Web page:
Gerald van der Walt, chef at Top 10 restaurant The Tasting Room at Le Quartier Français, who formerly worked with Peter Tempelhoff at The Greenhouse, said, “I have many fond memories of Mrs M. She was a great woman with loads of passion; she was very empathetic and caring, but above all else, always elegant. It’s thanks to her that I’m in such a fortunate position: she gave me wonderful opportunities, great advice and guidance; and any success that follows is partly due to her. I remember cooking for her daughter’s birthday party in Cornwall a few years back. I had been entrusted to cook a dinner for 120 people, their friends and family (and during my time spent there I felt as if I was part of the family). Instead of just relaxing and having fun with everyone else, Mrs M was there, alongside me in the kitchen, helping prepare the massive meal.
“In the mornings she would walk in, I’d be busy plugging away and she’d ask if I had had a coffee. I would say yes, she would then ask what type. After my pointing to the jar of instant, she would reply, “That won’t do, young man,” and she would make me a cup of filter – every morning, without fail.
“She cared for people, had a great heart, and she is one of those people we all hoped would live forever, but alas, she will be sorely missed by a great number of people.”
George Jardine, currently head chef at Top 10 restaurant Jordan Restaurant, first moved to Cape Town in 1997 to open the award-winning restaurant Novelli at The Cellars-Hohenort. He told us, “My memories of working with Mrs McGrath are full of important lessons that I learnt from her. We were family members – more than employees, regardless of your position or status. She taught me to think bigger and push myself to the limit time and time again; the importance of doing things correctly; and the importance of a sense style. She was such a gracious lady, who was so full of life and a desire to lift everybody up.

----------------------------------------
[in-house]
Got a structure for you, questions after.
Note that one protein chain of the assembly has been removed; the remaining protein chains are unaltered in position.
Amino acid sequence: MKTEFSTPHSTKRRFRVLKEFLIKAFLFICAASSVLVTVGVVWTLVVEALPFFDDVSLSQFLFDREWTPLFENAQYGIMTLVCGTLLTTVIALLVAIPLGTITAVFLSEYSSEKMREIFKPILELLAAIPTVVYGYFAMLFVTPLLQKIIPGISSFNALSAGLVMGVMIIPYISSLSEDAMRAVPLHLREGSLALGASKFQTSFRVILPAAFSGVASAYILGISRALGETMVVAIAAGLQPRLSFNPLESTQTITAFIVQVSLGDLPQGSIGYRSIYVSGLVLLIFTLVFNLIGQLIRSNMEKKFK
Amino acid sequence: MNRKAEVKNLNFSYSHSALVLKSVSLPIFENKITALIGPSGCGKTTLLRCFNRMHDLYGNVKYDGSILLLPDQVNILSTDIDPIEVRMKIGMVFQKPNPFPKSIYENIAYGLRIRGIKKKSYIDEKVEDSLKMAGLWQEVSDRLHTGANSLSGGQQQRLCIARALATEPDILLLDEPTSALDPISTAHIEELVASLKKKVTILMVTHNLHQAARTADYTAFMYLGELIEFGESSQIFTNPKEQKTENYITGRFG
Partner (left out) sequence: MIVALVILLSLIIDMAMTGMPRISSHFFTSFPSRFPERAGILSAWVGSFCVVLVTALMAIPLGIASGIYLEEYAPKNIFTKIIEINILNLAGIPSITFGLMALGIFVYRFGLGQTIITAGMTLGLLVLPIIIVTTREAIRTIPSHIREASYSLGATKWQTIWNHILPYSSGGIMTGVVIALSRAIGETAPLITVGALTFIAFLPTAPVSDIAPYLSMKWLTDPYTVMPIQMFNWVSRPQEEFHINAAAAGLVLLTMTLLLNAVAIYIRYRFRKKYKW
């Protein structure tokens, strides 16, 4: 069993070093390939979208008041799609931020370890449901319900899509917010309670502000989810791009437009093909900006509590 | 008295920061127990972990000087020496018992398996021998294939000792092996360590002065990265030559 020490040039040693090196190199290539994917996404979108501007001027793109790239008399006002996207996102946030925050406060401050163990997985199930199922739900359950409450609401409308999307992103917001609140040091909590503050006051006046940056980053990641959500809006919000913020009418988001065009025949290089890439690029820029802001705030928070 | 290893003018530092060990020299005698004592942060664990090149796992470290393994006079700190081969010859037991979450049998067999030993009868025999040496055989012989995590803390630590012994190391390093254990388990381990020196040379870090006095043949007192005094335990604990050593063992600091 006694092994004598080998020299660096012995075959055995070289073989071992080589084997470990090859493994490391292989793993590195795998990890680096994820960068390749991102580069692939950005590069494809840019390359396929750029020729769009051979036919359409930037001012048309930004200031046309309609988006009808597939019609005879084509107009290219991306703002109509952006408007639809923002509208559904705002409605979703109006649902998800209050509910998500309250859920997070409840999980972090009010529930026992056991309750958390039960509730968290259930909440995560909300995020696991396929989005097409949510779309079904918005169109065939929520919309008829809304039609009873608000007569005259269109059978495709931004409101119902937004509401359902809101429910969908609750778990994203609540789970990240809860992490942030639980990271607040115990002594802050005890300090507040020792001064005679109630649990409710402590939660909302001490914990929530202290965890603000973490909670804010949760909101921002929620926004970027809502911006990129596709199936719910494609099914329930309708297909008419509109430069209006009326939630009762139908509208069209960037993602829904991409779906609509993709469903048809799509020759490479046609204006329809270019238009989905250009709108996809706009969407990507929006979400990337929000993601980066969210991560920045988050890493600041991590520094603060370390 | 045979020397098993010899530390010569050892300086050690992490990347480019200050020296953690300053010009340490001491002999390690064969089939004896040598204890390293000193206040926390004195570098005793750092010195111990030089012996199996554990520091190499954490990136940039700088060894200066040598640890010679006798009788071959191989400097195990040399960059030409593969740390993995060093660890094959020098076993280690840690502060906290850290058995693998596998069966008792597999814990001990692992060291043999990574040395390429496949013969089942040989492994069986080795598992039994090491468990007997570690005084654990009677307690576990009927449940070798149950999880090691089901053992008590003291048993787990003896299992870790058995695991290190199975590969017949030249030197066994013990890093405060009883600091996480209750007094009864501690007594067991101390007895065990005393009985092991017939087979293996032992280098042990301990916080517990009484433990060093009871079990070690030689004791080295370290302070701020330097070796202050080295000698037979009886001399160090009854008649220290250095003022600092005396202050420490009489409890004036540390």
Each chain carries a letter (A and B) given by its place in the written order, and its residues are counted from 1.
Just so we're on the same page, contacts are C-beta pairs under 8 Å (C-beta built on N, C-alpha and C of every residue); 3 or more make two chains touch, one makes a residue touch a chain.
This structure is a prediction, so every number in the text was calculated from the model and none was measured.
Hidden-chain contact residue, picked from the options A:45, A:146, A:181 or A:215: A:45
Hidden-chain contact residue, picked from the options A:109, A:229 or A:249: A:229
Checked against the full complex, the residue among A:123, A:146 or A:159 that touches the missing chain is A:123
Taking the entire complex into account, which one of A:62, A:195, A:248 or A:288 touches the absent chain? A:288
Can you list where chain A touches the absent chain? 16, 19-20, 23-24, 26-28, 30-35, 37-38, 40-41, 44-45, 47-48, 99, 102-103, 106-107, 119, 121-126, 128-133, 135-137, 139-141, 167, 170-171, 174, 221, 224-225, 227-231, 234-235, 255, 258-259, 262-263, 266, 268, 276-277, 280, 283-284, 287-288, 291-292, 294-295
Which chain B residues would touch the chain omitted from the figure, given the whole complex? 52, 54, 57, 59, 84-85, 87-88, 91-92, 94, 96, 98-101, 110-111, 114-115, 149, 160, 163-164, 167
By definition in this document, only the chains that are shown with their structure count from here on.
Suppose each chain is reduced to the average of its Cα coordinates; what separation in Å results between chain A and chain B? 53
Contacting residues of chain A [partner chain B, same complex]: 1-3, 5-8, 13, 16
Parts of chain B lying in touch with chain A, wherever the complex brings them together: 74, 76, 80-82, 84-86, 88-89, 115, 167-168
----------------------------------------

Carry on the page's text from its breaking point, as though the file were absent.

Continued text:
“I have worked in many countries, with many great people, but what Mrs McGrath created was more than a collection of properties: she created a collection of many individuals who are now some of our most successful industry personalities.
“I will always remember the lessons from my mentor… Thankfully our relationship continued after I left The Cellars: she dined with me at Jardine and enjoyed many lunches on the stoep at Jordan. I join many others in celebrating a wonderful person; I am glad I met her. Rest in peace, Mrs M.”
Mrs McGrath actually introduced George to his wife, Louise, in November 1997 at the launch of Novelli. Louise told us, “I worked for SOS Children’s Villages and contacted her regarding employment opportunities for some of the orphaned youth, who just returned from studying hospitality. She was, as always, open to new ideas (and challenges), and employed two girls immediately. She trusted our youth enough to employ them, which opened so many doors for other young people. She really invested a lot of time and care into them and both of them worked for her for over 10 years. She was one of our first guests at Jardine and Jordan Restaurant, and she was always very interested in our family and business, and in our opinion about her new ventures and projects.”
Susan Huxter, owner of Le Quartier Français, shared the following tribute: “Mrs M was a true inspiration; she was always gracious and passionate about the business and high standards. She was always happy to share knowledge and experiences and embraced the new digital world. We will miss her presence in the industry and I will miss the wonderful talks about food, travel and families, all of which were so important to her.”
The funeral service will take place on Friday 30 January at 2.30pm at the Rosebank Catholic Church, 16 Keys Ave, Rosebank, Johannesburg. A memorial service will be held in Cape Town at St. Bernard Catholic Church, 6 Stirling Rd, Newlands, on Tuesday 3 February at 2.30pm.